“Let’s practice so I know you’re watching. What happens when you see a deer?”

I yelled, “Deer!” And we both laughed.

Sounds ridiculous. But my twin and I were driving to Wisconsin to visit our little sister; she lives in the north woods.

Legitimately.

It isn’t merely autumn in full bloom up there; it’s deer season.

The rut has begun.

It’s the time of year when love is in bloom, and boy deer are trying to find their girl deer.No candy and flowers involved, but there is a lot of chasing and running away.

Much of this running happens across county roads. At dusk or dawn. When drivers don’t seem to be as careful as during full daylight.

Which is why there are so many collisions between car and deer. The deer often lose.

A couple years ago, my sister had her welcome to Wisconsin by getting hit by a doe at dusk. The deer jumped from the forest to the road just as Janet drove by–there was nothing she could do to stop. She was one of the lucky ones. There wasn’t much damage to her car and she was unhurt; the doe, after getting up and shaking herself, ran from the road.

This has made her aware of the possibility of deerly encounters. We needed to be careful as we drove toward her home at dusk.

Gayle appointed me deer watcher. I embraced that request with responsibility. I peered into the darkening woods as we drove by and could see glimpses of movement.

No deer crossed our path.

The next day as we drove, the beauty of the autumn color palette was all around us. I was still the deer watcher, but I got distracted.

And three does leaped into the road in front of our car.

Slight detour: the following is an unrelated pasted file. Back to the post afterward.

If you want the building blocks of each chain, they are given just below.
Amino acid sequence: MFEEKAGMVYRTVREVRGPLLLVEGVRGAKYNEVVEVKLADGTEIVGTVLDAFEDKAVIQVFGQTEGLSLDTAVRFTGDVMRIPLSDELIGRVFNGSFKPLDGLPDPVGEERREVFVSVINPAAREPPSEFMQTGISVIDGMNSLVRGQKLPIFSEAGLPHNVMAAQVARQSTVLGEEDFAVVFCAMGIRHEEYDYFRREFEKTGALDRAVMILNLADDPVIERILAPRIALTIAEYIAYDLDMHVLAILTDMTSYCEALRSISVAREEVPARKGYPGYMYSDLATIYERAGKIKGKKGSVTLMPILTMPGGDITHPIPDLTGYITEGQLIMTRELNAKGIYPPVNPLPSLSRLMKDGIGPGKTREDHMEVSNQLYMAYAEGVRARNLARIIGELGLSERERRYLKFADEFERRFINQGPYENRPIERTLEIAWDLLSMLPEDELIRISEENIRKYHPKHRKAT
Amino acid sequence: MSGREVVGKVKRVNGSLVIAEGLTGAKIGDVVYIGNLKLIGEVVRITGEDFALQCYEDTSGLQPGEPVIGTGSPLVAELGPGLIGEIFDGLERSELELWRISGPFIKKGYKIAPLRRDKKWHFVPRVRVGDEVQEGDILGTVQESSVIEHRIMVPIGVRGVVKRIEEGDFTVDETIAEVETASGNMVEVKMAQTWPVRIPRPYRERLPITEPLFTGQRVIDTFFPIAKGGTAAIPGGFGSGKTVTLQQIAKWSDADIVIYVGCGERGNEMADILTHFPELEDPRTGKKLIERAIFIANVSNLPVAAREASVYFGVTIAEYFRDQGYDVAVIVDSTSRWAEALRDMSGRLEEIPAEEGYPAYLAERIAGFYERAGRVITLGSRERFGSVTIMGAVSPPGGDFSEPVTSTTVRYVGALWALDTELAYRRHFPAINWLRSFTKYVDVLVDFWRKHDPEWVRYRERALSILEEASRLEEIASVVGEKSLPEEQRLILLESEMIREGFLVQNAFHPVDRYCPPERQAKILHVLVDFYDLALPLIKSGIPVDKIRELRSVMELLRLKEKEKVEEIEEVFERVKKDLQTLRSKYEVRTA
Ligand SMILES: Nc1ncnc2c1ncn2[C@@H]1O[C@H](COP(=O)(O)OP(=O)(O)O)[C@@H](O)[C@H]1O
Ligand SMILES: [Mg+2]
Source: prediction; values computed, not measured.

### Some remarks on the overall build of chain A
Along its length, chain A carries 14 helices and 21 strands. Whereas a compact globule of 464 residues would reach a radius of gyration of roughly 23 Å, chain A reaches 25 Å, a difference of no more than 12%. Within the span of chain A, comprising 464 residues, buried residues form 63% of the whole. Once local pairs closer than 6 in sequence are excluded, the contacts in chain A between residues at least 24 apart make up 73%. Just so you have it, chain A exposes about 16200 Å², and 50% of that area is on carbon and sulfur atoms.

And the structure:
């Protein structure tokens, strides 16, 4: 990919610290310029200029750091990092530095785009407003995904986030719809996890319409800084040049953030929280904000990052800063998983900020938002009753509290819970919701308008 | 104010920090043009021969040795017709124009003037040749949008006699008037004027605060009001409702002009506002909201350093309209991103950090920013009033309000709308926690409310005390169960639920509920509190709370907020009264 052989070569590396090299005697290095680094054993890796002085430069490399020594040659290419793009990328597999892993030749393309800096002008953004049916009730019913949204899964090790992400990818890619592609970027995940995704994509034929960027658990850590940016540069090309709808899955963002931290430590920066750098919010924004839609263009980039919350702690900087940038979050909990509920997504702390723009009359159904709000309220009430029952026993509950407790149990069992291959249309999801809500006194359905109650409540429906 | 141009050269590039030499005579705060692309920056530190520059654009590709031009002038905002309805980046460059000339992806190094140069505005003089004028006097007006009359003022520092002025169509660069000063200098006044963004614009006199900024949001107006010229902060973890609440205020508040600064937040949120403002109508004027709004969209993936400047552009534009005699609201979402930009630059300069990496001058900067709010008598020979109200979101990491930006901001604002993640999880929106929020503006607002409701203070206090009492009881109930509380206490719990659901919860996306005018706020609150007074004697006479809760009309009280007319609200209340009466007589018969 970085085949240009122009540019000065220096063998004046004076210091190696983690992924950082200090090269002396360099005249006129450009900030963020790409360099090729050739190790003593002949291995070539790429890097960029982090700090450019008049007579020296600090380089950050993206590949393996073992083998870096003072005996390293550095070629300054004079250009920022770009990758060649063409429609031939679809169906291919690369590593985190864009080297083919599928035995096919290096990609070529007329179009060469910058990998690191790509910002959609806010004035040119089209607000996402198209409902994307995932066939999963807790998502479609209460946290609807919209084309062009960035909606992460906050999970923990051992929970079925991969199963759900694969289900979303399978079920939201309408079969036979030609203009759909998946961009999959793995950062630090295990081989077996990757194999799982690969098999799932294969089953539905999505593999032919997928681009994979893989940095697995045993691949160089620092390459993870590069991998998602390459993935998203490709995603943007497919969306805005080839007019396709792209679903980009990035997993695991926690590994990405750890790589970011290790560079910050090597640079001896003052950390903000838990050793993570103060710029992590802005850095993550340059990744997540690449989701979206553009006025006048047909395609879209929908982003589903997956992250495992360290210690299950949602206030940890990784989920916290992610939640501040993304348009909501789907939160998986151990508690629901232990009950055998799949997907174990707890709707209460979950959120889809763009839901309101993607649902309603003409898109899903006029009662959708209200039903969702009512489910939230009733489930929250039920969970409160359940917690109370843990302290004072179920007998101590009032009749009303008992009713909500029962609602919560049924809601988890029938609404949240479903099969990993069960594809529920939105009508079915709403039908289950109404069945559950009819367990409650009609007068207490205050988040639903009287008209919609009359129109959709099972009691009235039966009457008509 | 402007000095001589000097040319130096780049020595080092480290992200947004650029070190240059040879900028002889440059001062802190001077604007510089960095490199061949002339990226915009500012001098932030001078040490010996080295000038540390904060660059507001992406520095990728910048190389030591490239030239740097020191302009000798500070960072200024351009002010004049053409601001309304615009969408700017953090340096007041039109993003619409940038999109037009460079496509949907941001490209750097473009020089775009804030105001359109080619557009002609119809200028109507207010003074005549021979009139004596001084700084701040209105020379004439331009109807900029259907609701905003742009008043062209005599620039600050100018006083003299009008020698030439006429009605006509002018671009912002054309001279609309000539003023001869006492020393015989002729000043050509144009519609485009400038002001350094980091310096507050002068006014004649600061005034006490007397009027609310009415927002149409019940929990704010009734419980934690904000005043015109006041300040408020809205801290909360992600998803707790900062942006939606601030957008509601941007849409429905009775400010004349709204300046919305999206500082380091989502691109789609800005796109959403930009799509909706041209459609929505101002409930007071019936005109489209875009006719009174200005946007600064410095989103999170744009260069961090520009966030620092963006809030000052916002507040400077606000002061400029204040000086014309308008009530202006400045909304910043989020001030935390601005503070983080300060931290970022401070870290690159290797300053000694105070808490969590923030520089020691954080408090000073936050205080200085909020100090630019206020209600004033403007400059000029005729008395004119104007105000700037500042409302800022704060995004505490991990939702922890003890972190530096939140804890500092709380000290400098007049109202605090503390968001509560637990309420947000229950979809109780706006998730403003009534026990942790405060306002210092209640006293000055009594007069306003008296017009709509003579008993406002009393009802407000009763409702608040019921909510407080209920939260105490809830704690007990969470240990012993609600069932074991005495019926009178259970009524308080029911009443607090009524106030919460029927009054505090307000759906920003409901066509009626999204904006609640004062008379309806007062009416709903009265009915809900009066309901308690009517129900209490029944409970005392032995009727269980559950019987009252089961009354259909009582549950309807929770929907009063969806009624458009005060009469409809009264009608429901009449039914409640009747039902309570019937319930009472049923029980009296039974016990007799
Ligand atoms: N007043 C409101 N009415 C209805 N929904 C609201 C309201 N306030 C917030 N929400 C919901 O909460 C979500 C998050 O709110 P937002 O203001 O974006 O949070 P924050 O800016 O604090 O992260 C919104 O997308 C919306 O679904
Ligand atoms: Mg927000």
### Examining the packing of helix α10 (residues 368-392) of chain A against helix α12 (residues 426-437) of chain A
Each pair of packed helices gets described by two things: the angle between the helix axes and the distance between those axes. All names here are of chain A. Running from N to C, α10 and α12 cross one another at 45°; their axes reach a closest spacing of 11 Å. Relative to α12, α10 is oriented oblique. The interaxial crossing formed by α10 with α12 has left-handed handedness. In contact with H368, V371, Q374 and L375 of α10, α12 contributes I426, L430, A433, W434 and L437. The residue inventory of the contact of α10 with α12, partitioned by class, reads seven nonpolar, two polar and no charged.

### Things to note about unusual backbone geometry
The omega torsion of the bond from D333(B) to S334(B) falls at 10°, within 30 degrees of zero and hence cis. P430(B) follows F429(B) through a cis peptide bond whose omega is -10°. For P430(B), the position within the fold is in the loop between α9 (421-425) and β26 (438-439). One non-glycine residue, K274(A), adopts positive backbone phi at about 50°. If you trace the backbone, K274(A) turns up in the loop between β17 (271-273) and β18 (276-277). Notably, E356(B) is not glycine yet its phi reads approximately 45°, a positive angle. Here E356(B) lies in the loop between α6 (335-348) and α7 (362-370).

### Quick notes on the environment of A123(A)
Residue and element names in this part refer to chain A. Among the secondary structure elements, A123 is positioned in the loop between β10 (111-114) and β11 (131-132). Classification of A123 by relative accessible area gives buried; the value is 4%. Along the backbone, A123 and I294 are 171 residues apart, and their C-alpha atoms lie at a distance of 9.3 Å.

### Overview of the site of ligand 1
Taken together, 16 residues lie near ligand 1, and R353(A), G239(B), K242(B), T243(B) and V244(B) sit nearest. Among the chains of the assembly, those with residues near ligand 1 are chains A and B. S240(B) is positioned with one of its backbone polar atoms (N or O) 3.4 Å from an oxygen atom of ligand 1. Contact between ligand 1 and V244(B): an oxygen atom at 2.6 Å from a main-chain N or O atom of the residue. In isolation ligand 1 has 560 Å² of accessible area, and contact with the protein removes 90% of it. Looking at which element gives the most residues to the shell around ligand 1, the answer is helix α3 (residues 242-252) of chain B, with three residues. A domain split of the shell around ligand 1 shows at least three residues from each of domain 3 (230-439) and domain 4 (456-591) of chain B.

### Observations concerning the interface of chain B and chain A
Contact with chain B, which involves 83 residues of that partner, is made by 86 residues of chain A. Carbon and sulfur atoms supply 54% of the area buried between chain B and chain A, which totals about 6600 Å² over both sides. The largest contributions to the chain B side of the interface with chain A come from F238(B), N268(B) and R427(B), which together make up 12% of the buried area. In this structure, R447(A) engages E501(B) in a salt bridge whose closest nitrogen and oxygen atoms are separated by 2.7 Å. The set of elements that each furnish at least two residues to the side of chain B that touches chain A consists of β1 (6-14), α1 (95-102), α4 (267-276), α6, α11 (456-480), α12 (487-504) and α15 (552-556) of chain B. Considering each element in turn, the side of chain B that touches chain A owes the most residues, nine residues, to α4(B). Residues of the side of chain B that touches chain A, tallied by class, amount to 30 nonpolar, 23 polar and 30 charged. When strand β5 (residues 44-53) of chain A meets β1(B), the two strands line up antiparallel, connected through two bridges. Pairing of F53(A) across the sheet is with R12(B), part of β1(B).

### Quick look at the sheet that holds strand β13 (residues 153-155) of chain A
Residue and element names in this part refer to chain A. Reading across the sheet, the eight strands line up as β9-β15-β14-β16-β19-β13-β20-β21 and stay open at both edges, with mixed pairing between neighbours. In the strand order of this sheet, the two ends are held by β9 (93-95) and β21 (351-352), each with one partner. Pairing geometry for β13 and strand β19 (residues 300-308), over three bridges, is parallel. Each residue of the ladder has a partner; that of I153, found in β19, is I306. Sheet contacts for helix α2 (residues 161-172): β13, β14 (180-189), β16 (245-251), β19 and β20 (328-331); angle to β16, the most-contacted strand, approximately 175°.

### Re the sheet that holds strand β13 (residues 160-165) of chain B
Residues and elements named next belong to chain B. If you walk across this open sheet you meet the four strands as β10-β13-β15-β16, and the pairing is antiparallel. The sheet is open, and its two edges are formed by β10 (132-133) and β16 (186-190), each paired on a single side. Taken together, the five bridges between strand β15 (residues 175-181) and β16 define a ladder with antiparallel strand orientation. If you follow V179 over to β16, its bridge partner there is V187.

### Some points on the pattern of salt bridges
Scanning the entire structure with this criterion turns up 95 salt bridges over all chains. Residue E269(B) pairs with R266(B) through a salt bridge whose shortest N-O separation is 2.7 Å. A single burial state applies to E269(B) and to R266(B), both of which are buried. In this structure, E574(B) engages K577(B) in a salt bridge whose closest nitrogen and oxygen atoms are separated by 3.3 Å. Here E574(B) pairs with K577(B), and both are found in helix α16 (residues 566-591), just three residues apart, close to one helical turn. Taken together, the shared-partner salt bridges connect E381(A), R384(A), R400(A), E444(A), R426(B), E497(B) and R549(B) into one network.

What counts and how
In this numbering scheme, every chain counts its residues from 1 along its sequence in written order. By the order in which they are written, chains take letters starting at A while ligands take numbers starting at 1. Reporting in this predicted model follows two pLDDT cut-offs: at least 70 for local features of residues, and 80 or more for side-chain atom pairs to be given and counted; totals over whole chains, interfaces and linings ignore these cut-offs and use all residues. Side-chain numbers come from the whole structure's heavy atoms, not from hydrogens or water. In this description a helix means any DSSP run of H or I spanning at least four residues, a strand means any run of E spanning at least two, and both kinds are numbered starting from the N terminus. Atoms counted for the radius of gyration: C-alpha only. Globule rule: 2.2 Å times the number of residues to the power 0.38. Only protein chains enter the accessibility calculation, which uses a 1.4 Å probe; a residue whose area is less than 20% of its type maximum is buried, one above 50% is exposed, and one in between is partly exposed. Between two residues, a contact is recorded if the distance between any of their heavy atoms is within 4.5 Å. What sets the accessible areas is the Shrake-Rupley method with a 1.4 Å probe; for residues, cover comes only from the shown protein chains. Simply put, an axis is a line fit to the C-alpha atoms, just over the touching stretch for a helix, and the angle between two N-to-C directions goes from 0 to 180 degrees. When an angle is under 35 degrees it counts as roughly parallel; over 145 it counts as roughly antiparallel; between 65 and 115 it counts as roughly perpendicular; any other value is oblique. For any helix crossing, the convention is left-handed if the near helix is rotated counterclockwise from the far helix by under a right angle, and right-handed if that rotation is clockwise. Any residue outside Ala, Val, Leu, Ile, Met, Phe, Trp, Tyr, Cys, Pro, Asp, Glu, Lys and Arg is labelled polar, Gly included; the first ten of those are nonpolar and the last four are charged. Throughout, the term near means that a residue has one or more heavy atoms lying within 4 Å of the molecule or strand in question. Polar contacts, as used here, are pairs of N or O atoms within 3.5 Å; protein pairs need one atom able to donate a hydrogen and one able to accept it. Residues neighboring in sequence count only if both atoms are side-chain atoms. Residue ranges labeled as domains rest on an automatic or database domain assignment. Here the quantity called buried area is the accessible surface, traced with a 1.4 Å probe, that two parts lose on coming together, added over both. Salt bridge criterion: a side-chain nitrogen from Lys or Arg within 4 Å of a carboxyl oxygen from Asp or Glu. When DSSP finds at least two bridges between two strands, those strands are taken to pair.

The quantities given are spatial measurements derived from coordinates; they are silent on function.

I saw them, but I didn’t do anything to warn Janet.

In fact, I squealed with delight and clapped my hands like a three-year-old.

I’m a lousy deer watcher.

There was plenty of room between us and them, and Janet had the wherewithal to stop. Two were in the street, staring at us. A long pause before they ran to the other side of the road.

Janet said, “Wait. There are more.” And another doe came streaking across the road.

It was an incredible encounter. Their lives are held in a thin balance; hunting season begins soon, and along with avoiding hunters, they have to deal with drivers.

My inability as a deer watcher made me understand how ineffective I am with awareness when I’m warned of problems or danger.

I get distracted.

God has informed us that in this world we will have problems. Not an “if” situation; a definite “when”; our world is broken. I need to be mindful of what I’m allowing myself to get involved in. There is an enemy of our souls who would like nothing better than to destroy us.

But God.

He comes alongside us as we ask Him. To give us His strength and wisdom. To remind us we’re not alone. No matter how despairing the season we’re in.

Crying out for God brings better results than yelling “deer”.

 

 

2 responses »

  1. sandrauer says:

    Did you take this pic, Dayle? If so, wow!

    Sandra Auer Sent from my iPhone

    >

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